If the Walls Could Talk: Family Life at the White House


In case you've ever wondered, the walls at 1600 Pennsylvania Avenue have eyes and ears — and, what's more, they don't miss a thing. Now, listen up because the walls have a thing or two to tell you!
During President John Tyler's presidency, the White House was such a mess that it was called the "Public Shabby House."
President William Howard Taft was so large that he had to have a jumbo-size bathtub installed —...

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In case you've ever wondered, the walls at 1600 Pennsylvania Avenue have eyes and ears — and, what's more, they don't miss a thing. Now, listen up because the walls have a thing or two to tell you!
During President John Tyler's presidency, the White House was such a mess that it was called the "Public Shabby House."
President William Howard Taft was so large that he had to have a jumbo-size bathtub installed — one big enough for four people.
President Andrew Jackson's "open door" policy at the White House resulted in 20,000 people showing up for his inauguration party. (The new president escaped to the quiet of a nearby hotel!)
President Abraham Lincoln didn't mind at all that his younger sons, Tad and Willie, kept pet goats in their White House bedrooms.
Children all across the country sent in their own money to build an indoor swimming pool for wheelchair-bound President Franklin D. Roosevelt so that he could exercise.
President Harry S. Truman knew it was time to renovate the White House after a leg on his daughter's piano broke right through the floor.
Hear these funny, surprising stories and more about the most famous home in America and the extraordinary families who have lived in it.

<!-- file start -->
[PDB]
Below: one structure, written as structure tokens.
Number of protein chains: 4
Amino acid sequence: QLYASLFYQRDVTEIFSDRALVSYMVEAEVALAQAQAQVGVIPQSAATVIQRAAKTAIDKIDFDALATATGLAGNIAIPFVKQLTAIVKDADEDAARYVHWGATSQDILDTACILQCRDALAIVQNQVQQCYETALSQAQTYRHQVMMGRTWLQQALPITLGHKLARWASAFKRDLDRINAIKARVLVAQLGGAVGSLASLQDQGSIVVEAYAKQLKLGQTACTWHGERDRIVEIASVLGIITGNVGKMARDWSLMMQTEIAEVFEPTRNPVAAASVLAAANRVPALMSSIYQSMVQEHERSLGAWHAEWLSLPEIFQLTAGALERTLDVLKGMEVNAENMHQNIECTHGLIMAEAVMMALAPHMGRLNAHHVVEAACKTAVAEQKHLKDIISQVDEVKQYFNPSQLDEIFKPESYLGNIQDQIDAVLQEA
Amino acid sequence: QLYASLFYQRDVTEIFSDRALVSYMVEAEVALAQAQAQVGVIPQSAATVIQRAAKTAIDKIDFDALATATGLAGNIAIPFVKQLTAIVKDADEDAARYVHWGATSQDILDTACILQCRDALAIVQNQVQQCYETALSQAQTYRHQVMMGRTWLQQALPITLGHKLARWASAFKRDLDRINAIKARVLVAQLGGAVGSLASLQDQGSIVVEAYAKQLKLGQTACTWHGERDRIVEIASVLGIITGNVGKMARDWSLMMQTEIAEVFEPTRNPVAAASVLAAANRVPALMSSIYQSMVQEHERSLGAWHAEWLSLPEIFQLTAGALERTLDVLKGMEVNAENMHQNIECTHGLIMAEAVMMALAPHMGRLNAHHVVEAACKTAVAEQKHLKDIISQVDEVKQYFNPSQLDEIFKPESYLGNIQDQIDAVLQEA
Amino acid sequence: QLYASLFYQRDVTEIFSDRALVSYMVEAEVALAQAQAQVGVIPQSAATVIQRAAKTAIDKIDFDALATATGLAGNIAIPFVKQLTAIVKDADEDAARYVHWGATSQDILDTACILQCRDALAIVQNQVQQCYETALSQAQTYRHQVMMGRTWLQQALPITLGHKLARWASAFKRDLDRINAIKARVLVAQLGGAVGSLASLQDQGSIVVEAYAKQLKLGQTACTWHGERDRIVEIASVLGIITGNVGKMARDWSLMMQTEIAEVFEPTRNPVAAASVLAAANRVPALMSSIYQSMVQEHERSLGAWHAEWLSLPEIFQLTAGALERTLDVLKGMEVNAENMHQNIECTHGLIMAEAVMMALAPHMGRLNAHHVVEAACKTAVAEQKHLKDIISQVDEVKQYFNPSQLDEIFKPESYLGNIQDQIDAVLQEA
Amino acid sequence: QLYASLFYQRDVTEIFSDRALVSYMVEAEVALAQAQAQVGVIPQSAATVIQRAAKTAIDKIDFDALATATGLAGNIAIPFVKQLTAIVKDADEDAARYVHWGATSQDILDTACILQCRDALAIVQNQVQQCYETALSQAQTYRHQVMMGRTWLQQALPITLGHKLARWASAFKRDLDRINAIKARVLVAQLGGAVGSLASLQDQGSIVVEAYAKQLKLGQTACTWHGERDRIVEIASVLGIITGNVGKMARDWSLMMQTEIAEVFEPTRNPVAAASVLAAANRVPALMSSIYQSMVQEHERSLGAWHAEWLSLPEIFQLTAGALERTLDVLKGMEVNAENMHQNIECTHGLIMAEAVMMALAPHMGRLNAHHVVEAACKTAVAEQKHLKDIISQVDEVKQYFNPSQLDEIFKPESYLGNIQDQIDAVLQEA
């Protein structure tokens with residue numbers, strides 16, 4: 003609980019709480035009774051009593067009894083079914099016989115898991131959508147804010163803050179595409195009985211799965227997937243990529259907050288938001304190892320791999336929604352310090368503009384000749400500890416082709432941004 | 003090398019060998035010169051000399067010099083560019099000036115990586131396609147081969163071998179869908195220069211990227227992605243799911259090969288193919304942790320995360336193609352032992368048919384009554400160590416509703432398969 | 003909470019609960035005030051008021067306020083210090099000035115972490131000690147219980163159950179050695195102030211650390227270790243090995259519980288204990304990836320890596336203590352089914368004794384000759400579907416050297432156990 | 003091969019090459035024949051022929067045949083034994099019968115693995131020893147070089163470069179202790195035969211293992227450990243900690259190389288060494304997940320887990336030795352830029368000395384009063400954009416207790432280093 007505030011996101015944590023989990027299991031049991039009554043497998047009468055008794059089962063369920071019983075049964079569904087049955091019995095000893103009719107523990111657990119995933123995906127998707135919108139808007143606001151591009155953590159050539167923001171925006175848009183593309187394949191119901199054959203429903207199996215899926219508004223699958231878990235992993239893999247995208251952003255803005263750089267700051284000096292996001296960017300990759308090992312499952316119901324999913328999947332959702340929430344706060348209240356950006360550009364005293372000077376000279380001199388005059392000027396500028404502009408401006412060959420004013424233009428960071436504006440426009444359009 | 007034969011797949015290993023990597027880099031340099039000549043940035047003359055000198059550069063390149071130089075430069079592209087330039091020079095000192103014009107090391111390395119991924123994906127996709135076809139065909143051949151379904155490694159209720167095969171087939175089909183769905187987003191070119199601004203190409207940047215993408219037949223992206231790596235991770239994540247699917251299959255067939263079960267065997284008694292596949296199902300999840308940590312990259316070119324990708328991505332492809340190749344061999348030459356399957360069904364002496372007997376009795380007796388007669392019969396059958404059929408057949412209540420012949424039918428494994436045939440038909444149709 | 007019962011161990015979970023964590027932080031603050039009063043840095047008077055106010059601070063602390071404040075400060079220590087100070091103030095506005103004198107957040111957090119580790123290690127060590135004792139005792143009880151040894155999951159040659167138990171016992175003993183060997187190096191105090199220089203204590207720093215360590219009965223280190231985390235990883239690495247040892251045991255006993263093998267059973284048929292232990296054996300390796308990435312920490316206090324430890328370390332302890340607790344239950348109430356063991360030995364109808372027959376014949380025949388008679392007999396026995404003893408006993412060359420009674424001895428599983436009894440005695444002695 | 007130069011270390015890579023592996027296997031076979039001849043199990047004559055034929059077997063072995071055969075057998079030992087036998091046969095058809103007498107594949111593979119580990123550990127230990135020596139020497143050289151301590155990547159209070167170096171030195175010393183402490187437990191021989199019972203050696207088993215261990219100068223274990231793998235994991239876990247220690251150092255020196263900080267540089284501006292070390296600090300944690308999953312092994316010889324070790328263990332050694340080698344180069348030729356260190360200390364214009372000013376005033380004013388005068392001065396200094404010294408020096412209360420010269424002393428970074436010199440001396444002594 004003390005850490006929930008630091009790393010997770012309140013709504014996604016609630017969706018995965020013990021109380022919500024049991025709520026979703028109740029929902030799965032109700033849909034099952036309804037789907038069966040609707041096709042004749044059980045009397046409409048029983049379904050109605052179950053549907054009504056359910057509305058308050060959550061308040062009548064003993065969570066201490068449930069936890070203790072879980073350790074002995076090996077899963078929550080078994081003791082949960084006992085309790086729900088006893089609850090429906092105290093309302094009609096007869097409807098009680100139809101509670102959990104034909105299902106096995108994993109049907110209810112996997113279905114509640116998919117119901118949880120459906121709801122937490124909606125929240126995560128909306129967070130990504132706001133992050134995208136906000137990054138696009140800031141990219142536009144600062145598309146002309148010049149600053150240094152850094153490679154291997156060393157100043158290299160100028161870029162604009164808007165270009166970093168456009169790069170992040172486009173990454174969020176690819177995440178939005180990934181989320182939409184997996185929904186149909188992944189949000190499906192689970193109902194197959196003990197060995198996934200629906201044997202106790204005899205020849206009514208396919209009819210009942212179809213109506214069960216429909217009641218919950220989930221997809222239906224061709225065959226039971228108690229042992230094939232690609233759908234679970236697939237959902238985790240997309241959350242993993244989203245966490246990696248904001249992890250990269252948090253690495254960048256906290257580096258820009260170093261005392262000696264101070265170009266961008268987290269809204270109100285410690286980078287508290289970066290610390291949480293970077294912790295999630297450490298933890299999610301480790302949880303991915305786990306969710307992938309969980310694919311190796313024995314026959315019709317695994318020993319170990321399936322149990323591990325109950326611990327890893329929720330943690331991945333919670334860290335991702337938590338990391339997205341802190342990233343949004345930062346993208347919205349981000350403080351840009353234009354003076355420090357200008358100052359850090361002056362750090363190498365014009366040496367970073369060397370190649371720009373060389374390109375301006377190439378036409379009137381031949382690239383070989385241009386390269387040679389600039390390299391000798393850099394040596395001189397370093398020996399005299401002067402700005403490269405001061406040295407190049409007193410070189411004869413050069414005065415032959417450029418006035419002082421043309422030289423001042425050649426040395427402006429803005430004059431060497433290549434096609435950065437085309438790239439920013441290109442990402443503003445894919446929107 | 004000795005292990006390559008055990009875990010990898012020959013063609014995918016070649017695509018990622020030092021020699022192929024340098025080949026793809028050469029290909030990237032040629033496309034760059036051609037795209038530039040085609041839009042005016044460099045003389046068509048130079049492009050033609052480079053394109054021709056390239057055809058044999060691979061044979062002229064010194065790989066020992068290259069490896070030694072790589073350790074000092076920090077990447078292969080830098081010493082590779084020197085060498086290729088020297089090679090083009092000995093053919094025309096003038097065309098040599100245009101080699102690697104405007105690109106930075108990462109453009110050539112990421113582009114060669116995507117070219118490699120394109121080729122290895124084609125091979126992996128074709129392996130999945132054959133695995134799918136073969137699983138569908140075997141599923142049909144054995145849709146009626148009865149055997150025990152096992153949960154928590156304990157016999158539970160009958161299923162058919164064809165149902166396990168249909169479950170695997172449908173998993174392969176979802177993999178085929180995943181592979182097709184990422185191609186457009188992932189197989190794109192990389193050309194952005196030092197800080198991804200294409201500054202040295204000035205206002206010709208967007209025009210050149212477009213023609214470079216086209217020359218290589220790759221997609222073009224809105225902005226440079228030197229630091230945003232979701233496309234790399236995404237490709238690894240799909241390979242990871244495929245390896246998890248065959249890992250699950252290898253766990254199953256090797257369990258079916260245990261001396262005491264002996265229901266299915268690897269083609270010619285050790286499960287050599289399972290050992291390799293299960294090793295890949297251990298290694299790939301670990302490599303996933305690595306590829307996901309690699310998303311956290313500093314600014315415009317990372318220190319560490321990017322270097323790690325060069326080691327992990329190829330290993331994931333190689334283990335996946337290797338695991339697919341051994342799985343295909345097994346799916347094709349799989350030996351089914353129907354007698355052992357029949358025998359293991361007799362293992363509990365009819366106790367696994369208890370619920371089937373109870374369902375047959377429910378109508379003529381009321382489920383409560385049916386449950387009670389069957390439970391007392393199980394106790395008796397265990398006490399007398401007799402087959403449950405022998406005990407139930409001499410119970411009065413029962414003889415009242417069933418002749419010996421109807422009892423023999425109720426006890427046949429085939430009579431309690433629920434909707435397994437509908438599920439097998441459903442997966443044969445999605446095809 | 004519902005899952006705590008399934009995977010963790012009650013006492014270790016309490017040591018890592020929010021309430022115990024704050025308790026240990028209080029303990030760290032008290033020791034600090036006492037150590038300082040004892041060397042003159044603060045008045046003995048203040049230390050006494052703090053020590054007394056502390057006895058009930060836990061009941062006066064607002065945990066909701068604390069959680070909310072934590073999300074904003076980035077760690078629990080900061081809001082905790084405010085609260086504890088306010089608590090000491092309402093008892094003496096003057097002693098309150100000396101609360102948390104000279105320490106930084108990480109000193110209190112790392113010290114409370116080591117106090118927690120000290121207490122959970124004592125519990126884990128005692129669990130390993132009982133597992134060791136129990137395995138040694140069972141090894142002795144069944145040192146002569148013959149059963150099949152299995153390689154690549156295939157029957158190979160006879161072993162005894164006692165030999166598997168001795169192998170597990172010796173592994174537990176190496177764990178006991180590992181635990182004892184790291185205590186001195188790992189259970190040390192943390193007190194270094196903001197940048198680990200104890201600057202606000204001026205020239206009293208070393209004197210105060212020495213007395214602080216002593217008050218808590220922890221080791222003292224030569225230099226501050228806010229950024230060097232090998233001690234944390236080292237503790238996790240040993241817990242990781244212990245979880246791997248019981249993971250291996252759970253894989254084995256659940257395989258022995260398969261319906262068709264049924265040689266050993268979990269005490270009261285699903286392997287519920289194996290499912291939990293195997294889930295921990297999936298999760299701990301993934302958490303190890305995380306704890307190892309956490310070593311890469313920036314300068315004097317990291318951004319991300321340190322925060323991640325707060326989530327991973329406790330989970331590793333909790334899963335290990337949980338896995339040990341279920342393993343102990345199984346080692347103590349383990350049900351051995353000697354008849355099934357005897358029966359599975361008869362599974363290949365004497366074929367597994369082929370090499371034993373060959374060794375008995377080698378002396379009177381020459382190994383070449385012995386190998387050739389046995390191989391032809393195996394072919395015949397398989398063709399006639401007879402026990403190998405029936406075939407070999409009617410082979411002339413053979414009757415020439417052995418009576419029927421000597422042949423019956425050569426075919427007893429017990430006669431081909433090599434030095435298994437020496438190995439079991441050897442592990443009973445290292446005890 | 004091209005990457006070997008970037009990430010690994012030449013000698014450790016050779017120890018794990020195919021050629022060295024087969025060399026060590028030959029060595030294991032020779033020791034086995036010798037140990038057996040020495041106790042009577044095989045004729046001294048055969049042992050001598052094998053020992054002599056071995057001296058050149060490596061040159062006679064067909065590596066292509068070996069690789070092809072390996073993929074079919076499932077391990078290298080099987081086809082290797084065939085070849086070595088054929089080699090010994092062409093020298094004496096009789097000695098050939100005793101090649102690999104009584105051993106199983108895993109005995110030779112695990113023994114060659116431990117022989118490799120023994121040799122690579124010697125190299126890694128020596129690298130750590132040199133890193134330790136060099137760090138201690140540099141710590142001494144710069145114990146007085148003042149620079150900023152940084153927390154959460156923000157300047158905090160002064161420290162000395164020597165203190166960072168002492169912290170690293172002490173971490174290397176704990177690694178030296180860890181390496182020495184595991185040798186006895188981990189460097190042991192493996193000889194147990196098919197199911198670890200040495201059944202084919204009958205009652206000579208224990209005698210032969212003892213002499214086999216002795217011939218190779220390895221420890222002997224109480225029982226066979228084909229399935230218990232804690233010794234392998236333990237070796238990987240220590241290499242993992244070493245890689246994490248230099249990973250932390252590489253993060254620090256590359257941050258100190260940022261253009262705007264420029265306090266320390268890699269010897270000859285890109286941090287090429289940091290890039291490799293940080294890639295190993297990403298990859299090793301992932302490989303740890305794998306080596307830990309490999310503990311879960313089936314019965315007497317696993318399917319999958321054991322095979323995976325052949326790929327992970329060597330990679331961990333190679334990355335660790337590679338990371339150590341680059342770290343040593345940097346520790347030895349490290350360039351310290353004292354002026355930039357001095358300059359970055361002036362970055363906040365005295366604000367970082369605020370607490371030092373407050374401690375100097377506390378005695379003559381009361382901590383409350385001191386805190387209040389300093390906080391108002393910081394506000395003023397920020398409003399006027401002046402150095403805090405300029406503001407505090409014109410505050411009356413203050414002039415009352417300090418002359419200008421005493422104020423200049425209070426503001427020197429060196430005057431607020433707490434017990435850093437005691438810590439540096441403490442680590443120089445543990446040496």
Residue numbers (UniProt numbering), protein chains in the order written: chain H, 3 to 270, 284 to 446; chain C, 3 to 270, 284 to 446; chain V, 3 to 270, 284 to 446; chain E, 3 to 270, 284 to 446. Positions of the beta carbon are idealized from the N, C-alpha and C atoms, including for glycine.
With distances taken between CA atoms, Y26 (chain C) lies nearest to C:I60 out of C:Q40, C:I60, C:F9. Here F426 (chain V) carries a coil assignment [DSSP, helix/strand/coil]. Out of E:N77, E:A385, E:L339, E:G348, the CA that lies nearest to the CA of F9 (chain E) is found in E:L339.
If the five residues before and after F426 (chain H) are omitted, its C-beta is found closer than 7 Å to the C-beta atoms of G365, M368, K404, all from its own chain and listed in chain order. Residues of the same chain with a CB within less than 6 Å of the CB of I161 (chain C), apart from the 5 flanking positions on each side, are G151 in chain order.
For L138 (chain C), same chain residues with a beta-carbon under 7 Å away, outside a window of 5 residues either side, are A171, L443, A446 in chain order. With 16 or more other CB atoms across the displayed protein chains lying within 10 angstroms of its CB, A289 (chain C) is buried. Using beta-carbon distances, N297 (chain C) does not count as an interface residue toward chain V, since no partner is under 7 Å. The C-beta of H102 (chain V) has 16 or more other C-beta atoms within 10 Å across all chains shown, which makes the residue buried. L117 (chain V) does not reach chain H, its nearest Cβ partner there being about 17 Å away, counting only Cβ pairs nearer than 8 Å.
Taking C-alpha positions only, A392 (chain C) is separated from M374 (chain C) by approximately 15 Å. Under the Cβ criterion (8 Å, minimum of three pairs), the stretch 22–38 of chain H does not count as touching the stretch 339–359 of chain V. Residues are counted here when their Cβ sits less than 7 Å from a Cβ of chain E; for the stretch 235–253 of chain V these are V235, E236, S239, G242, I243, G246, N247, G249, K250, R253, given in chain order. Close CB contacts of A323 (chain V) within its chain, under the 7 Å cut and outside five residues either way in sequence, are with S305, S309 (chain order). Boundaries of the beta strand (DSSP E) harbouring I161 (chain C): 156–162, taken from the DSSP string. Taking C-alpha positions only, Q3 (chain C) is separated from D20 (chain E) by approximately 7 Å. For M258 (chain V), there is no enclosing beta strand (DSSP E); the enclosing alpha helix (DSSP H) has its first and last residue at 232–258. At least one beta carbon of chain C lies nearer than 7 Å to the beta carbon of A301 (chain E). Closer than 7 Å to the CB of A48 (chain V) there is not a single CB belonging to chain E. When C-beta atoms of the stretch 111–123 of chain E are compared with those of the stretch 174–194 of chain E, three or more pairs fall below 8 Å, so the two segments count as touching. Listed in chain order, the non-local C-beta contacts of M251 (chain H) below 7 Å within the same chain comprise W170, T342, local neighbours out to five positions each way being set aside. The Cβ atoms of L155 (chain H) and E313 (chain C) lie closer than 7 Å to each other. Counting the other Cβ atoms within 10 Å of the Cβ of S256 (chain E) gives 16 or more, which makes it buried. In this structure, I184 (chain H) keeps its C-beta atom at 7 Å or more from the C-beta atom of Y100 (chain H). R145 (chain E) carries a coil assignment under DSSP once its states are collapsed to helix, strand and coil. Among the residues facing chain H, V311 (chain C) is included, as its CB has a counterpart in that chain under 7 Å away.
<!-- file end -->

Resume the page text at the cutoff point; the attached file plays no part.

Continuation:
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Editorial Reviews

Publishers Weekly
A real estate ad for 1600 Pennsylvania Avenue on the opening page sets the tone of O'Connor's (The Emperor's Silent Army) anecdotal, chronological rundown of the White House's inhabitants, highlighting facts and trivia related to the residence. In his picture-book debut, editorial cartoonist Hovland creates impressive likenesses of the Commanders-in-Chief, whether one per page, or several to a spread, and incorporates many of their quotes about their home, both admiring and pejorative ("It's a glamorous prison," quipped Harry Truman) in cartoon-like speech balloons. The author cites both milestones-the White House burned down during James Madison's presidency; Rutherford B. Hayes installed the first telephone ("Our phone number was 1," announces his wife)-and lighthearted tidbits: William McKinley's wife banned the color yellow from the residence; JFK had the lawn spray-painted green if it looked dry when expecting important guests. Hovland bolsters the text's spirited humor with his jovial caricatures and cheerful scenarios; one especially comical scene pictures large-scale William Taft carrying a triple-decker sandwich and climbing into an enormous bathtub with two rubber duckies. The account is light on contemporary presidents (the latest six share one spread) and some toss-off remarks will puzzle younger readers (e.g., "There were may scandals while Harding was president"), but O'Connor compiles much entertaining and amusing information, sure to send aspiring historians off to seek more. Ages 6-9. (Sept.) Copyright 2004 Reed Business Information.